X-radiography is a non-invasive technique that curators and archaeologists use to examine artifacts. It can be affordable, and the images can be archived making it useful for future use. X-radiography is used to determine the material composition and crystalline structure of artifacts. This method can help researchers tell the original parts of an object from later additions and restoration. It also is a good tool for viewing an object that is not easily identifiable, and reveals surface details such as decoration and lettering. It’s a non-invasive technique that does not harm artifacts, since researchers can use x-rays to observe both surface details and internal anomalies without having to open or damage an artifact. There are ways to determine damage and anomalies externally without using x-radiography, like inconsistencies in crazing, glaze texture, color, cracks, and chips, but to get a clearer picture of how extensive damage or anomalies are, x-radiography is the perfect tool to use. In the image above, the x-ray reveals the internal structure of the jar, providing a clear view of the extensiveness of the repairs and additions that were done later on. You can see the fractures along the body and head of the figure, and tell that the head isn’t flush with the body because of the dark shadow between the head and body.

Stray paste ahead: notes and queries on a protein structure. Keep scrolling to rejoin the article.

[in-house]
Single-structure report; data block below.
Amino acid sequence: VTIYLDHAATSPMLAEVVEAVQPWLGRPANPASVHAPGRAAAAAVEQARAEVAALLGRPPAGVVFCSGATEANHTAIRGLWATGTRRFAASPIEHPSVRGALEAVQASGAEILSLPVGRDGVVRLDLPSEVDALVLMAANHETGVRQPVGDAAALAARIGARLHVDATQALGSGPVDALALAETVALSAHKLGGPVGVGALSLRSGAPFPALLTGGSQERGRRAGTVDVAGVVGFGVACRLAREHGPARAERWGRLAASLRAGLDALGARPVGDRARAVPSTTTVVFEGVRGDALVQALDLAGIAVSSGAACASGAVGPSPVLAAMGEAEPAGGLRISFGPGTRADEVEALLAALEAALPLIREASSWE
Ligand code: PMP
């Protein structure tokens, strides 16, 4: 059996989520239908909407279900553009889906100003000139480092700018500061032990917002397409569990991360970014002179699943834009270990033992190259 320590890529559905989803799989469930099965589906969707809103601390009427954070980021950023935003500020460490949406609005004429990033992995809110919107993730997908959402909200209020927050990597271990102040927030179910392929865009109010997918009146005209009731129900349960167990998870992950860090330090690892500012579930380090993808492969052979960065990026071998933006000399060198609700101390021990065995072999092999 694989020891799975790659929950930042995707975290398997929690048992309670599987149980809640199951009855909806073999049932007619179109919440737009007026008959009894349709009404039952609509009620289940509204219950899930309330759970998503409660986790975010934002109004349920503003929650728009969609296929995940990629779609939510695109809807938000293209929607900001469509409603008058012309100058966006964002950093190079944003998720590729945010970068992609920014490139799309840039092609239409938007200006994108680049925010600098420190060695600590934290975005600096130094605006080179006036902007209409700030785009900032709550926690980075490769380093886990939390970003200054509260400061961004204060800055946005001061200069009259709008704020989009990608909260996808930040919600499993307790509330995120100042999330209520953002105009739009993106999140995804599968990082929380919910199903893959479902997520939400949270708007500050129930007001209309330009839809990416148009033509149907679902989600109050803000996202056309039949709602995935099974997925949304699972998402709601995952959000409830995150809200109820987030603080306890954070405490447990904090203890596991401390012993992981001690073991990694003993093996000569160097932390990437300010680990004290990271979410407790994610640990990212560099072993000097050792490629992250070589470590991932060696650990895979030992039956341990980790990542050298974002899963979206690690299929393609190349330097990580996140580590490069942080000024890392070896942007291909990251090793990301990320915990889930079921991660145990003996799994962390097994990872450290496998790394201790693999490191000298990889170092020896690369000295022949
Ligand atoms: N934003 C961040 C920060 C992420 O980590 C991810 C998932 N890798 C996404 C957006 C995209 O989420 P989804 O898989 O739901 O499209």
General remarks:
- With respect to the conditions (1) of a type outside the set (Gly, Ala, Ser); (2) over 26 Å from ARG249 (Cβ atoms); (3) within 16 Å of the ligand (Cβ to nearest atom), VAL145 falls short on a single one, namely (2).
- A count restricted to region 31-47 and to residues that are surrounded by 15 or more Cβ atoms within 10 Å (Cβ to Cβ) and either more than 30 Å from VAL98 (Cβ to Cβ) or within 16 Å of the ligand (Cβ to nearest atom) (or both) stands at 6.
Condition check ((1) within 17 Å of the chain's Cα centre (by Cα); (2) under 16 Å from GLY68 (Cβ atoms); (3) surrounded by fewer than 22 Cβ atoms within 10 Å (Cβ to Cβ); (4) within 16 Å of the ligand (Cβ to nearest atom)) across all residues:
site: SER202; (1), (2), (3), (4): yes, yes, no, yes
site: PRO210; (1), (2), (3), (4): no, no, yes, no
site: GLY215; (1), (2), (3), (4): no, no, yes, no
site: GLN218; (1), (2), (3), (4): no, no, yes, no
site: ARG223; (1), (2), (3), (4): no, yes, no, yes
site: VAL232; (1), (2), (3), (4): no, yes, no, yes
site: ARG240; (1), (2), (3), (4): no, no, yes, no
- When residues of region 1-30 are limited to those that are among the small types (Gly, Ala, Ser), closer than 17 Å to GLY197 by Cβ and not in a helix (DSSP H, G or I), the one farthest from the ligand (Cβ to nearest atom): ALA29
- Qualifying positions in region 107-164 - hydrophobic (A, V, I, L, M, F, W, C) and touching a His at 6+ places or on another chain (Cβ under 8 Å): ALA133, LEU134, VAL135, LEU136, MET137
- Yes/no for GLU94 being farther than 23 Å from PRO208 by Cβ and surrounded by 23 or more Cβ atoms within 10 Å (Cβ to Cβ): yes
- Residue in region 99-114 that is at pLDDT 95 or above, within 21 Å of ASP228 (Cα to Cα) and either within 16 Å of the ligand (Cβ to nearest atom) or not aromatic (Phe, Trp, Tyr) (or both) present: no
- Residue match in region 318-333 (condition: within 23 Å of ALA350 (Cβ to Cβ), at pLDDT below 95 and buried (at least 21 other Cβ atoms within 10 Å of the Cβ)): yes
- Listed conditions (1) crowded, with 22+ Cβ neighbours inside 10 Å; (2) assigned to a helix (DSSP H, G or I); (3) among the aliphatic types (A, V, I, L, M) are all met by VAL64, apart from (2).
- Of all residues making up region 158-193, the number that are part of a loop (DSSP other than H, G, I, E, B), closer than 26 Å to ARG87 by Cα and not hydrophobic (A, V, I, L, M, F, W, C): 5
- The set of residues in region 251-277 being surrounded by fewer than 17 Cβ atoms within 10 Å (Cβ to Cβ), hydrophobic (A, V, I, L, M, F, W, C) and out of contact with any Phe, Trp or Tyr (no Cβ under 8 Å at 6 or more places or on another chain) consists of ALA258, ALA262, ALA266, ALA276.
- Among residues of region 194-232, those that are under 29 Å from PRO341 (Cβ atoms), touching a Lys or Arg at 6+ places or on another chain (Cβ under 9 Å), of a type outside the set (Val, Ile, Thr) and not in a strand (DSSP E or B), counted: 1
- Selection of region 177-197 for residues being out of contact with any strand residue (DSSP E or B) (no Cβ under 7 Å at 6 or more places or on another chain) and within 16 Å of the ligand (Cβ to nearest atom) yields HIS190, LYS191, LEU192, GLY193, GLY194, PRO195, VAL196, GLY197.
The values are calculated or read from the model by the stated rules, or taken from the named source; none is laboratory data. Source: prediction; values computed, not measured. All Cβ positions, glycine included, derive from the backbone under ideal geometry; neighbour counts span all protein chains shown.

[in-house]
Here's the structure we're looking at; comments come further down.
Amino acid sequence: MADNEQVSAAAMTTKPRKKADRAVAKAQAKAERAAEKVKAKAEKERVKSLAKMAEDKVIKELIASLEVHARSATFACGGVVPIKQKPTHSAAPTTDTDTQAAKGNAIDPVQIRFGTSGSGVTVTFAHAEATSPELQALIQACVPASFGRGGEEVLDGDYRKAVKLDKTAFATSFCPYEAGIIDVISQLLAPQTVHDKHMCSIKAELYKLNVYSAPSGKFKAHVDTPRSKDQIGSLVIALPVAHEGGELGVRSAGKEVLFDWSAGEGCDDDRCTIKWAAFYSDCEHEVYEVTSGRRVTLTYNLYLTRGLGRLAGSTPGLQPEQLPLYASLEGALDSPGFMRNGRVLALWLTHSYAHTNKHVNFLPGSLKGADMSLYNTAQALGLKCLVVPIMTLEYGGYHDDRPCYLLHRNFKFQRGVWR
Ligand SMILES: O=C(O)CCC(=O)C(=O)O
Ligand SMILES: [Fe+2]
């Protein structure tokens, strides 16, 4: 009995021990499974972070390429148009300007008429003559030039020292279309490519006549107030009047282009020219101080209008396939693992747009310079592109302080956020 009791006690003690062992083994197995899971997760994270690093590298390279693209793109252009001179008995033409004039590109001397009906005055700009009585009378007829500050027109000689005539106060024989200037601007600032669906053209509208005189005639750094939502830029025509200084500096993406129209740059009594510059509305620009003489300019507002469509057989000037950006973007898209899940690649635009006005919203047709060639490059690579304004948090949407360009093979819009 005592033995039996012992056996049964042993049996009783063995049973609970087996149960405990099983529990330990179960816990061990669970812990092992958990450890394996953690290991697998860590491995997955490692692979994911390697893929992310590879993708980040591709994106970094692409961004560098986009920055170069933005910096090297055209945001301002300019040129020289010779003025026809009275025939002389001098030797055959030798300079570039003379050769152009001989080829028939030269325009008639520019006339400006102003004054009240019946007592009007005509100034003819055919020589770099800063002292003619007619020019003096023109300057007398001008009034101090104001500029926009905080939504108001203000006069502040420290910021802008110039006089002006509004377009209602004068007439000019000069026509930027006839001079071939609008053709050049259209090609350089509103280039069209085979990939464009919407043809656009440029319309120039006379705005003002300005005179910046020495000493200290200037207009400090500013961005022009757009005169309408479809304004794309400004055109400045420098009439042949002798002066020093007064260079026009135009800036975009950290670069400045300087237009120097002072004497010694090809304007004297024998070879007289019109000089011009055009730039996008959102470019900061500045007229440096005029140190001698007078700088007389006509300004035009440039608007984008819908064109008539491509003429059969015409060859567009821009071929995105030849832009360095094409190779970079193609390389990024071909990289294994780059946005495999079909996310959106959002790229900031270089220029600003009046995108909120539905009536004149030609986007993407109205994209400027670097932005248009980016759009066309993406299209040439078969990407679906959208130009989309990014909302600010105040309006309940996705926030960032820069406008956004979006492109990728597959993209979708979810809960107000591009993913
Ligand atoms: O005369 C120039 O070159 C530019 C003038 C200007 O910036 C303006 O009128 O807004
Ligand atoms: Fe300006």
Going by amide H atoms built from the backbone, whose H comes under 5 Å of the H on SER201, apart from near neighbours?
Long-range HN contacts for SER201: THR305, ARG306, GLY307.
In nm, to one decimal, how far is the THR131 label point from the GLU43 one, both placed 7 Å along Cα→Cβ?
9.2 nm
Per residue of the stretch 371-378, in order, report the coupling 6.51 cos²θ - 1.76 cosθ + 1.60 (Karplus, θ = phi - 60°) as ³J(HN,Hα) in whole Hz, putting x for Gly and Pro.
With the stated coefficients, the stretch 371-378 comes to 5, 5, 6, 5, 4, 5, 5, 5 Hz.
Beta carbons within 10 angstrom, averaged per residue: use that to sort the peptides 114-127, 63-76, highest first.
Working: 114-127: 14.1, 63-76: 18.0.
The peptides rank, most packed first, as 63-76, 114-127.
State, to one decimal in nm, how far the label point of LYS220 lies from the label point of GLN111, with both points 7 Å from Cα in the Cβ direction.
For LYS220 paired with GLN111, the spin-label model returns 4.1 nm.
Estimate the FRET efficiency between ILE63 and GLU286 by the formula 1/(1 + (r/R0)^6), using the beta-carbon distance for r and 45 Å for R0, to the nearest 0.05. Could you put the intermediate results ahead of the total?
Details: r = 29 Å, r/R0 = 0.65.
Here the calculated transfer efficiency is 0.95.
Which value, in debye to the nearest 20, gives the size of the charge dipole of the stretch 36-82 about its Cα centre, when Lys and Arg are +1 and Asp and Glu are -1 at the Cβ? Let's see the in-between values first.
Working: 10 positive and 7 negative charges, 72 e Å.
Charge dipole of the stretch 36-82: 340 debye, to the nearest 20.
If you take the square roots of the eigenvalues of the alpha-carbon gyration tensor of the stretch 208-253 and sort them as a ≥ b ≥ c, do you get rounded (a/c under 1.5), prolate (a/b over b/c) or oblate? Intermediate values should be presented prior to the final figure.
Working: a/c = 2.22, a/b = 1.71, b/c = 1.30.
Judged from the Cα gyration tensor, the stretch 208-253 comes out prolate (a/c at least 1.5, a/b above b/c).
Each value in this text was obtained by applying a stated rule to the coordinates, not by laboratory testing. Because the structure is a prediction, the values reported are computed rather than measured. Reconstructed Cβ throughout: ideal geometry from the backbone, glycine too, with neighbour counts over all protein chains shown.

Simply spending time with an object can also prove to be a good method to determine its authenticity. Before researchers can use the methods mentioned above, they first must analyze the object to determine if testing is needed, because these testing methods take time and money, and can damage the object when a sample is taken. It would be unfortunate for a sample to be taken from an object when there are less damaging ways to test its authenticity, like analyzing its paints, burnishing marks, materials, design, or form. Sometimes other experts are also contacted to help with this process if they have more experience with the society from which the object came. 

Working as a Visiting Scholar at LACMA has taught me a lot about curating and how items are brought into museums. Working with forged and restored items opened my eyes to how difficult it is to test the authenticity of an artifact. A lot of researchers, experts, and technology are involved and it can take many years for curators to go through the objects in a museum’s collection. Thanks to CSUDH and LACMA, I’ve been able to work with museum experts and learn about the hard work that is put into caring for these objects.